Weight loss changes life for Larry Witmer

Larry Witmer's waist size went from 46 to 34 after his 100-pound weight loss. He recently visited Antrim Township Community Park to run five miles and then bike 15 miles.

Larry Witmer of Mercersburg recently became a smaller man, which gave him royalty honors. He was recognized in May as the TOPS (Take Off Pounds Sensibly) Pennsylvania State King for a 63 pound drop in 2011 while a member of Greencastle TOPS 1003. Overall, he lost 100 pounds to his goal weight of 190 on a 6-foot 2-inch frame, meeting some success on his own before joining the support group.

In July he represented the state at International Recognition Days in San Diego. A Canadian was crowned international king for a 203 pound loss from his starting weight whenever he joined his club. Witmer was also recognized in the October 2012 Tops News magazine.

Witmer, 50, adopted a lifestyle change after he realized his yo-yo pattern of losing and gaining was not working. He had even peaked at 325 pounds in 2005, and lost a huge amount of weight on a crash diet, but felt weak afterwards. Four years later most of the weight was back. He stopped exercising and ate for comfort. It was not a happy time.

"I knew if I wanted to be around for my family, I needed to make changes," he said.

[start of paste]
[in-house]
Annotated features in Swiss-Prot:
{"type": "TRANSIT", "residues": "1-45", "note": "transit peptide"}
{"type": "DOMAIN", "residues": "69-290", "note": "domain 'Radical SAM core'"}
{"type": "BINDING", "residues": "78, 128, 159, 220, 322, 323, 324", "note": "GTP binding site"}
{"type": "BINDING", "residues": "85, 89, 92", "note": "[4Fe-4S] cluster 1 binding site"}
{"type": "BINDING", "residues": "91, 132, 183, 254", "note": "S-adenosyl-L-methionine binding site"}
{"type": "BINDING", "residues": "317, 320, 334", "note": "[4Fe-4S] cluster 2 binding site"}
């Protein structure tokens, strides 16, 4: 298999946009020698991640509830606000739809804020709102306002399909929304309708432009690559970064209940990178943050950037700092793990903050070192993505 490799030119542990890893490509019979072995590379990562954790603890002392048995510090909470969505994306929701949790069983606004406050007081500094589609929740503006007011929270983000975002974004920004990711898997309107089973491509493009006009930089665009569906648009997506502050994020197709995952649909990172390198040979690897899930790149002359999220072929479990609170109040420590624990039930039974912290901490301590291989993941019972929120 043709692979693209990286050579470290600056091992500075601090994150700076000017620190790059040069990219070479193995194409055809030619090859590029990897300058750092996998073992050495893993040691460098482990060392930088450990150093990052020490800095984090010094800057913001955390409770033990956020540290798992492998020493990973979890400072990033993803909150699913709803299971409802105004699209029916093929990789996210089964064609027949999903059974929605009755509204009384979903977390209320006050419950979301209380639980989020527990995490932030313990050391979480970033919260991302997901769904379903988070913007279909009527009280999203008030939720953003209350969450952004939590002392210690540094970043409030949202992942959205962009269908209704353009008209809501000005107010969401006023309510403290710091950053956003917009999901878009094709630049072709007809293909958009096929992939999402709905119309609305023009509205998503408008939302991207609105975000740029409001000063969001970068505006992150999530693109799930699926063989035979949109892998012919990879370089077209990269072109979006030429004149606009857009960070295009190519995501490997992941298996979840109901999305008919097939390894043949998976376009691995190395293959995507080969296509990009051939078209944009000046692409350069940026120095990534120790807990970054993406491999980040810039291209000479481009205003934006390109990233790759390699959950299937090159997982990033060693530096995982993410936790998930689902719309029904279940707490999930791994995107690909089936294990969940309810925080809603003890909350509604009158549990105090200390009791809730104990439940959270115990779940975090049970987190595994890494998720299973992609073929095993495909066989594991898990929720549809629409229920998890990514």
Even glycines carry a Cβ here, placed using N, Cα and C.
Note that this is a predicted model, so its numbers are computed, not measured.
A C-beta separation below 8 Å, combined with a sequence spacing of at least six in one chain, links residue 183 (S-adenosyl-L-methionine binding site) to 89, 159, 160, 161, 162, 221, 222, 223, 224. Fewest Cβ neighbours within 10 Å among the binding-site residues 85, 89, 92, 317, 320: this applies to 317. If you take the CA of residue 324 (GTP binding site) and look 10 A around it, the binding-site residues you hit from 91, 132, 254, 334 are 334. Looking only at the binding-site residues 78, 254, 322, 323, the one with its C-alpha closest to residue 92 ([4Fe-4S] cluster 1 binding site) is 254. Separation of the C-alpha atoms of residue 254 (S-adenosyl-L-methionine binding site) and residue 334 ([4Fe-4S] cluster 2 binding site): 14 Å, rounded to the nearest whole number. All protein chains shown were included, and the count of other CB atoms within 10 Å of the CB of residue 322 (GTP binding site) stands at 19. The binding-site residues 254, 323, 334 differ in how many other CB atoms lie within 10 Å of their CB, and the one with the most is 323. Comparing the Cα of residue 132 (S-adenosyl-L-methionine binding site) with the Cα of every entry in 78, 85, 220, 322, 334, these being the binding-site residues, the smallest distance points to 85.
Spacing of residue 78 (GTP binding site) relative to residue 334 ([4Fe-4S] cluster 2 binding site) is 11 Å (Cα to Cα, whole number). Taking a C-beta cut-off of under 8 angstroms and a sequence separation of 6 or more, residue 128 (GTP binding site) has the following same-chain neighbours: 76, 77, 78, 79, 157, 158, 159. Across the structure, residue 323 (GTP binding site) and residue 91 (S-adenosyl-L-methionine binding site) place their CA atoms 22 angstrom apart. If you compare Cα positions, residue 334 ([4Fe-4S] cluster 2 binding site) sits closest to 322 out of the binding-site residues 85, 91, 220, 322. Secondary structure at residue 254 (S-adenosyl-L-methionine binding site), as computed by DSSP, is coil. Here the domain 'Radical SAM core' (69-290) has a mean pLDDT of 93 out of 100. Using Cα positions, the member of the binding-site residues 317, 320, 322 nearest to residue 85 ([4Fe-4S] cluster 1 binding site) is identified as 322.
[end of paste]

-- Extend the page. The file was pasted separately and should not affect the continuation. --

He returned to eating healthy and exercising regularly.

"Cutting back on portion sizes is a big thing. I use food as fuel. When you're hungry, eat healthy. When you're not hungry, don't stuff yourself for no reason."

Witmer admitted that his activity at work was not real exercise. A partner at B&W Plumbing and Heating, the physical labor wasn't challenging enough to be effective. His outdoor endeavors were and continue to be. Every morning he runs up to five miles. Some days he alternates with biking. Some days it's both. During the San Diego convention he ran seven to 10 miles daily. His longest run ever was 14 miles and cycling was 50 miles. At the Greencastle Relay for Life in May he walked 27 miles and ran 13 on the high school track during the 24-hour event.

The family is right beside him with new habits. His wife Lucy has lost 35 pounds in TOPS, and his daughter Tonya Payne, 26, has lost 45. They both  picked up running as well, though not quite as far.

Witmer noted a pro and a con to his new shape. Health insurance premiums dropped significantly since his rating slid from obese to elite super preferred. But now at work he can wiggle into the tight spaces his partner used to have to enter.

He is committed to the Tuesday night TOPS meetings at Antrim Assembly of God Church. The weigh-ins keep him accountable. He would like more men to join the club.

"The sad thing is, there are so many obese people," he rued. "You gotta want it for yourself. Until you come to that point, it's not gonna happen."

He acknowledged that weight loss was 95 percent mental. He appreciated that TOPS let members choose their own plans, but encouraged them along the way.

For Witmer, inspiration comes from the workouts that give him a high and the proper eating that makes him feel good.

"It's definitely a lifestyle change."